As border restrictions lift, family reunions are being planned around Australia. This is an exciting but also uncertain time, particularly for grandparents who have been separated from grandchildren.
Over the past months (and in some cases, years), grandchildren will have grown and changed. They may have new interests, routines and skills. You may even have the transformative experience of meeting a new grandchild for the very first time.
With older grandchildren, digital technologies may have kept you in contact and up-to-date. But with younger grandchildren, this is harder, and it may be time to rekindle relationships.
We are researchers investigating the roles grandparents play and the influence this has on families and communities. So, how can grandparents make the most of this time?
The special role of grandparents
Due to increased lifespans, grandparents have more time and ability to invest in their grandchildren than ever before in human history.
The grandparent-grandchild relationship can be a very special one. A grandparent’s involvement in a child’s life, whether through shared actives or a listening ear, is linked to the child’s wellbeing.
The benefits depend on your family situation, but can include improved psychological adjustment for grandchildren, increased workforce participation for mothers, and a longer and happier life for grandparents.
The importance of asking questions
When preparing to see your grandchildren again, our first suggestion is to ask your grandchild’s parents what they think is a good idea for your first catch-up. What does your grandchild enjoy doing at the moment? What is their daily routine? Is there anything to avoid?
If you are meeting a grandchild for the very first time, bear in mind the parents have gone through huge changes since you last met. As with older children, ask the parents what will suit them in terms of visit type and time.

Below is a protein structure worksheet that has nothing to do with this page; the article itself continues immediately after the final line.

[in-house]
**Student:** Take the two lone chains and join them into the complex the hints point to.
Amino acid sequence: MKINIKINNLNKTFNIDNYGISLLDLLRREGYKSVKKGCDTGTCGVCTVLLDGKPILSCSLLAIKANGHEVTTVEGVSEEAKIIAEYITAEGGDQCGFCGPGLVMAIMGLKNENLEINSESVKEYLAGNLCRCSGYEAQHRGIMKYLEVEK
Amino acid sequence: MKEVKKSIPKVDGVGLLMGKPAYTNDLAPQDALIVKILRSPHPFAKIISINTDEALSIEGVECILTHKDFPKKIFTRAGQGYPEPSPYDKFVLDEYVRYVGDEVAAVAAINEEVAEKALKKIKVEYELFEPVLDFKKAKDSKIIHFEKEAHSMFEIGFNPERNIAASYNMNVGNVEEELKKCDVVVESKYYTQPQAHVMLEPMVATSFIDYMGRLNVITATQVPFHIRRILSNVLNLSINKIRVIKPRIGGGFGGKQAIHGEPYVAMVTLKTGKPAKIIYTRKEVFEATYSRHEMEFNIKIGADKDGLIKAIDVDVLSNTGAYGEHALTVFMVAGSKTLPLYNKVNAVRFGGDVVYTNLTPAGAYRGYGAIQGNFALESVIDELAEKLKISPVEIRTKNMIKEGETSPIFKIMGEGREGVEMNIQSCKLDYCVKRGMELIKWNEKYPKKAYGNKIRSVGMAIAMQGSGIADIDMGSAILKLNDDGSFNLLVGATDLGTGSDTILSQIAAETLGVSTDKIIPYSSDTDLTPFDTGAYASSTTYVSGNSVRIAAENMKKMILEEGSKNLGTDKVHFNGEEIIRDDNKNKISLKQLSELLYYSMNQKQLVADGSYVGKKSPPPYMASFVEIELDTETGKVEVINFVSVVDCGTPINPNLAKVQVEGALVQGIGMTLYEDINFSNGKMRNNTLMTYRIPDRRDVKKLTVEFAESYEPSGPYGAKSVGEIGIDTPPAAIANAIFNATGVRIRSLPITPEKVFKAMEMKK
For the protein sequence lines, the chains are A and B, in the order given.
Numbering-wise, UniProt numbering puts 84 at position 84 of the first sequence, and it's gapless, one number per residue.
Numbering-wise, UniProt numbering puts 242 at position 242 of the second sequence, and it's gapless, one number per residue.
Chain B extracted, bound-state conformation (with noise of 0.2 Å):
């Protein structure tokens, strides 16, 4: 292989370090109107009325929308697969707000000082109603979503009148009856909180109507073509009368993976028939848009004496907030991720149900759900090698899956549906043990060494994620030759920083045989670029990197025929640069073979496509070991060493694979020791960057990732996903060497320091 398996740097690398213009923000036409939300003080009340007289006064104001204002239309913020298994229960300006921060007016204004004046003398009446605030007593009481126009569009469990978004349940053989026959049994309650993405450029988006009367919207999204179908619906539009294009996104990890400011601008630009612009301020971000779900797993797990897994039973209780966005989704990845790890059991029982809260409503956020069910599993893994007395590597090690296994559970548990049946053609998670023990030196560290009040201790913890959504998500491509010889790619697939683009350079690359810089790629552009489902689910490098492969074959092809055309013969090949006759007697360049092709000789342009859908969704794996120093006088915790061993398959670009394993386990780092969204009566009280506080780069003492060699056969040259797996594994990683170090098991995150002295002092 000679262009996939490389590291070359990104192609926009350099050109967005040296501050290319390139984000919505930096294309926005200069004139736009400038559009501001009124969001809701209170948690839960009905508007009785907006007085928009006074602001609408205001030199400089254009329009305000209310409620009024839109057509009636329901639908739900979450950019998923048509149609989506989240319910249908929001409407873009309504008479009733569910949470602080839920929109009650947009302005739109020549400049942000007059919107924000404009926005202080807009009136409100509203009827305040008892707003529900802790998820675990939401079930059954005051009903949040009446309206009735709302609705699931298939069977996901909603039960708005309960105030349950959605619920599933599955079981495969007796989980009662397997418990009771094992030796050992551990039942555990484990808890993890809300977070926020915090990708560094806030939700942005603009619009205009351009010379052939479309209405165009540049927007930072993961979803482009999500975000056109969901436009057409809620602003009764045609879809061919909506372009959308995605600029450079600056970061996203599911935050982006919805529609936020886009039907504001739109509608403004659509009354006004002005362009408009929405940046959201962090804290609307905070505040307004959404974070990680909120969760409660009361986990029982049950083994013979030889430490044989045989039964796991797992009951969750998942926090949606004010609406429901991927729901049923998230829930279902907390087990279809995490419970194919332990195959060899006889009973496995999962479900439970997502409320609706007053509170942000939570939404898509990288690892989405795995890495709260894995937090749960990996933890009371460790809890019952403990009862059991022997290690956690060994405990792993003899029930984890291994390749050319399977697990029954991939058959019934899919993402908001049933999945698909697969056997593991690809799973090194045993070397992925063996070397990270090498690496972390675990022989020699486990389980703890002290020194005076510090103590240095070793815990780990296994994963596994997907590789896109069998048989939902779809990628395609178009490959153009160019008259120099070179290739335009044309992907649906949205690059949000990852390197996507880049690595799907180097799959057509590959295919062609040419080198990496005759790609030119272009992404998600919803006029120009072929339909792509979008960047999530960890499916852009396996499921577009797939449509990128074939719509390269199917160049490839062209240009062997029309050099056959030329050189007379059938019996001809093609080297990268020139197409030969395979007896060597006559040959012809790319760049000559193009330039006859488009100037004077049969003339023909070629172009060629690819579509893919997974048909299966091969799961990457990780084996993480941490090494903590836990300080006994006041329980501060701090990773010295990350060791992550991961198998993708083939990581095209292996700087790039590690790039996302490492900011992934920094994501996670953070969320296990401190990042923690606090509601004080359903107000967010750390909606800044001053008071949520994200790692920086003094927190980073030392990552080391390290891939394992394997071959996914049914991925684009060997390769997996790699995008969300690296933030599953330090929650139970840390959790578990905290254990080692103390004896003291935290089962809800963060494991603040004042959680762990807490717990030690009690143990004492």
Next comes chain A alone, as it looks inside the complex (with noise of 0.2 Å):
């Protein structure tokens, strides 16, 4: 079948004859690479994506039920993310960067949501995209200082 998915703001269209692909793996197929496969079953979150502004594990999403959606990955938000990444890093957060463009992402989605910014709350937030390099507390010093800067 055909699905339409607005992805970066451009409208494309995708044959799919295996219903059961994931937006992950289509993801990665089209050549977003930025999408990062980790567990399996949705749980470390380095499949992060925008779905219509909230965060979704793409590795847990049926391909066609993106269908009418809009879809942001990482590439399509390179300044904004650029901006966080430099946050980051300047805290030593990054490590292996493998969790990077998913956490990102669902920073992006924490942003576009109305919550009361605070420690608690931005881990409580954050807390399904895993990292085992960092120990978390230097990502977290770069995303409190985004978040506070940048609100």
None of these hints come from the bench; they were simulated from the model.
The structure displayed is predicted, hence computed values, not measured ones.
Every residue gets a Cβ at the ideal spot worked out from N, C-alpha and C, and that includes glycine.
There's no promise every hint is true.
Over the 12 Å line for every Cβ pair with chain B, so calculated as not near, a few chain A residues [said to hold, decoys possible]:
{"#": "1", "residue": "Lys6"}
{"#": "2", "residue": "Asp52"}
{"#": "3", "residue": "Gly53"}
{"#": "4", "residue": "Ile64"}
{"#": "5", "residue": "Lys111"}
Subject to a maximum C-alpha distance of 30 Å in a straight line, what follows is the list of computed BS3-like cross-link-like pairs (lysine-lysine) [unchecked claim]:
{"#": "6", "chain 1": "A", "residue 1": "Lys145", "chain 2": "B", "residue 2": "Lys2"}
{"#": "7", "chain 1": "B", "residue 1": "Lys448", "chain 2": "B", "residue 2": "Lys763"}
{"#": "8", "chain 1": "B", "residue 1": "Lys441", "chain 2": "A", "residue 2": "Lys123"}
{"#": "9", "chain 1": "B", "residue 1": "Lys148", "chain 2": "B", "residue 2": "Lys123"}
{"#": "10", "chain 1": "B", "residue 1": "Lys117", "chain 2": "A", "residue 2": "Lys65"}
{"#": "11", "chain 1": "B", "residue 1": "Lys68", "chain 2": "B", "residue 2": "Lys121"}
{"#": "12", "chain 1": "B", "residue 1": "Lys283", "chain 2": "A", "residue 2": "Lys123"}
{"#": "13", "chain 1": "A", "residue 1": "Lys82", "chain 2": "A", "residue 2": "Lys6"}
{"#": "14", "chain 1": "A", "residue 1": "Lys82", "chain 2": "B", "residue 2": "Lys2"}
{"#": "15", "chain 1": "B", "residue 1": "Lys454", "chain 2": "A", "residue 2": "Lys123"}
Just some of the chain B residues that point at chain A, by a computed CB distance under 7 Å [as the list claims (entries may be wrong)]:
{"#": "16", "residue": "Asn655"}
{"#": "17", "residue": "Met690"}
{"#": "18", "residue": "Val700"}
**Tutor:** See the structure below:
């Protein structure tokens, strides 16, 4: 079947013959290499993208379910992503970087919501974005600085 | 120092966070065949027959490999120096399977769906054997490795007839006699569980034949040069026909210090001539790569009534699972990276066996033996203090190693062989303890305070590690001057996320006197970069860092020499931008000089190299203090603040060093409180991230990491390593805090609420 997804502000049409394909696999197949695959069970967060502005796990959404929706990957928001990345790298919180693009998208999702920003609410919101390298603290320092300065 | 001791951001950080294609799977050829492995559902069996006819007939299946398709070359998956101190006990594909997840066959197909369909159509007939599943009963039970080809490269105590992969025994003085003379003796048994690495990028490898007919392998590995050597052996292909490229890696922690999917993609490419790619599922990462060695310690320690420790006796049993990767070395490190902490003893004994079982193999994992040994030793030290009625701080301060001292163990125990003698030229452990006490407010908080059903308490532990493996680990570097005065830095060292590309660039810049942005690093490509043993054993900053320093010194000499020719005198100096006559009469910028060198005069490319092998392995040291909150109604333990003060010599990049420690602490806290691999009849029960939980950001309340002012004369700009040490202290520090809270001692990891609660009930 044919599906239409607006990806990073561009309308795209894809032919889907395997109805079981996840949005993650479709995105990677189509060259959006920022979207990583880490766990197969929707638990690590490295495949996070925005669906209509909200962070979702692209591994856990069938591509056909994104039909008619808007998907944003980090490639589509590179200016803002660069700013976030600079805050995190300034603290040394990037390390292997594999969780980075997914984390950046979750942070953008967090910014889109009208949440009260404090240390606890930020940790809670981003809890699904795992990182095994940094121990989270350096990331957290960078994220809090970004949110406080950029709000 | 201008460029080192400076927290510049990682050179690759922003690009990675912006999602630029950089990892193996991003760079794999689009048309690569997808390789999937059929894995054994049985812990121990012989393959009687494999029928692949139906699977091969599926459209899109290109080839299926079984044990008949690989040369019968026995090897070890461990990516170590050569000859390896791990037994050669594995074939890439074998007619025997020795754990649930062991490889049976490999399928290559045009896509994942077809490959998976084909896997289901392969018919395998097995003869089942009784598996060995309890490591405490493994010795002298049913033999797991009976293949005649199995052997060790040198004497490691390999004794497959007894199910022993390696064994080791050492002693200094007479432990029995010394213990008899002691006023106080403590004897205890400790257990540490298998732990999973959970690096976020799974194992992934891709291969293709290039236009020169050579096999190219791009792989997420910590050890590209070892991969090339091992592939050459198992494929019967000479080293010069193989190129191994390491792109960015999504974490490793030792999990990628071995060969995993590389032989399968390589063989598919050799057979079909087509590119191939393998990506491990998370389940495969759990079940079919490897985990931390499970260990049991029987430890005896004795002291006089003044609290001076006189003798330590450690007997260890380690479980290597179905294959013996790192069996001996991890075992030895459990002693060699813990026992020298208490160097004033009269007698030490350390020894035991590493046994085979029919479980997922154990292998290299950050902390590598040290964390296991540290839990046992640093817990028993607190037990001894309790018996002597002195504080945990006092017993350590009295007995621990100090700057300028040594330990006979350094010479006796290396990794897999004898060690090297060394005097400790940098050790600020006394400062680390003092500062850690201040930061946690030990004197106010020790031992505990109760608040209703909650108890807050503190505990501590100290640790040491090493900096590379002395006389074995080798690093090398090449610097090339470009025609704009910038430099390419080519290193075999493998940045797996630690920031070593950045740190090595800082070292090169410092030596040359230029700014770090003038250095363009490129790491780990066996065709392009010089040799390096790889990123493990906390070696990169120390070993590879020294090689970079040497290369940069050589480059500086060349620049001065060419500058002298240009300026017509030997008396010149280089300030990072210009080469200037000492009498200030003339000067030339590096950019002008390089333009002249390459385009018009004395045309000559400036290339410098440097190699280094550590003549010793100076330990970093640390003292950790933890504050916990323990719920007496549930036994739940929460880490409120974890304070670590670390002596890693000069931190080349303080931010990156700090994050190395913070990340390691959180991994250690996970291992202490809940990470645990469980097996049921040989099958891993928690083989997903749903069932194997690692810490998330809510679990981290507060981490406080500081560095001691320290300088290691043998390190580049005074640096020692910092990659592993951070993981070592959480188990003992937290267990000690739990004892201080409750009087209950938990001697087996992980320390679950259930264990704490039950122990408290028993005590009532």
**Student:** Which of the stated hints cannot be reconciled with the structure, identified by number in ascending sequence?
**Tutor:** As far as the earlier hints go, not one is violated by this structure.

Be open and honest about what support you think you can provide, and be aware the parents needs may change (they may want more or less help than they anticipated).
When it comes to discussing the changes a new baby has brought, grandparents are trying to juggle in their mind the thrill of participating in their grandchild’s life, without disrupting or overstepping parents’ boundaries. From our yet to be published research, we understand this is not a simple matter for many families, but starting the conversation is important in maintaining these valuable relationships.
Persistent, not pushy
Your grandchildren may be feeling shy when you first meet. So even though this may have been a longed-for reunion, you may need to tread carefully.
This is perfectly normal and can be overwhelming for everyone. Just take your time, and let them get to know you again. Your first instinct will be to catch up on the thousands of lost hugs, but it may work better stay close by and let them come to you.
The good news for grandparents is that several research projects have shown what grandchildren really want is simply for grandparents to be “there when needed”.
So just being there – interested and available – for your first visit is perfectly fine. This helps reduce expectations of what you feel you need to do.
Your first inclination may be to bring something exciting to play with together. But on top of seeing each other again, rushing in with a new treat might be too much. You will need to read the room.
Consider taking something small, or maybe you can keep something in the car and bring it out once everyone has warmed up.
Play is obviously central to children’s learning and experience. Early in life, however, this may mean playing alone, which may be confusing for some of us.
A good way to work with this while rekindling your relationship is parallel play, particularly if a child is aged between two and five. Parallel play involves playing next to your grandchild and letting them come to you when they are ready.
This is one way you might need to put the patience and persistence we discussed earlier into practice.
Let grandchildren lead (within reason)
In the same vein, don’t feel as though you need to take the lead when working out what to do with your grandchild, either. Or that your idea for reading a certain book or doing a particular puzzle is the one your grandchild will go with.
Often, seemingly simple activities like a walk to a park are the most rewarding. Here your grandchild has the opportunity to show you about their world and what they like to do on their terms. It is also a good way to see how your grandchild has grown and developed.
We want to show our unconditional affection and love for our grandchildren, this feels natural, and we know it can be so valuable.
But in the the early stages of getting to know each other again, don’t put pressure on you or them. Being available, interested, curious and patient is enough.
Written by David Coall, Senior Lecturer, Edith Cowan University and Teaching and Research Scholar, Edith Cowan University.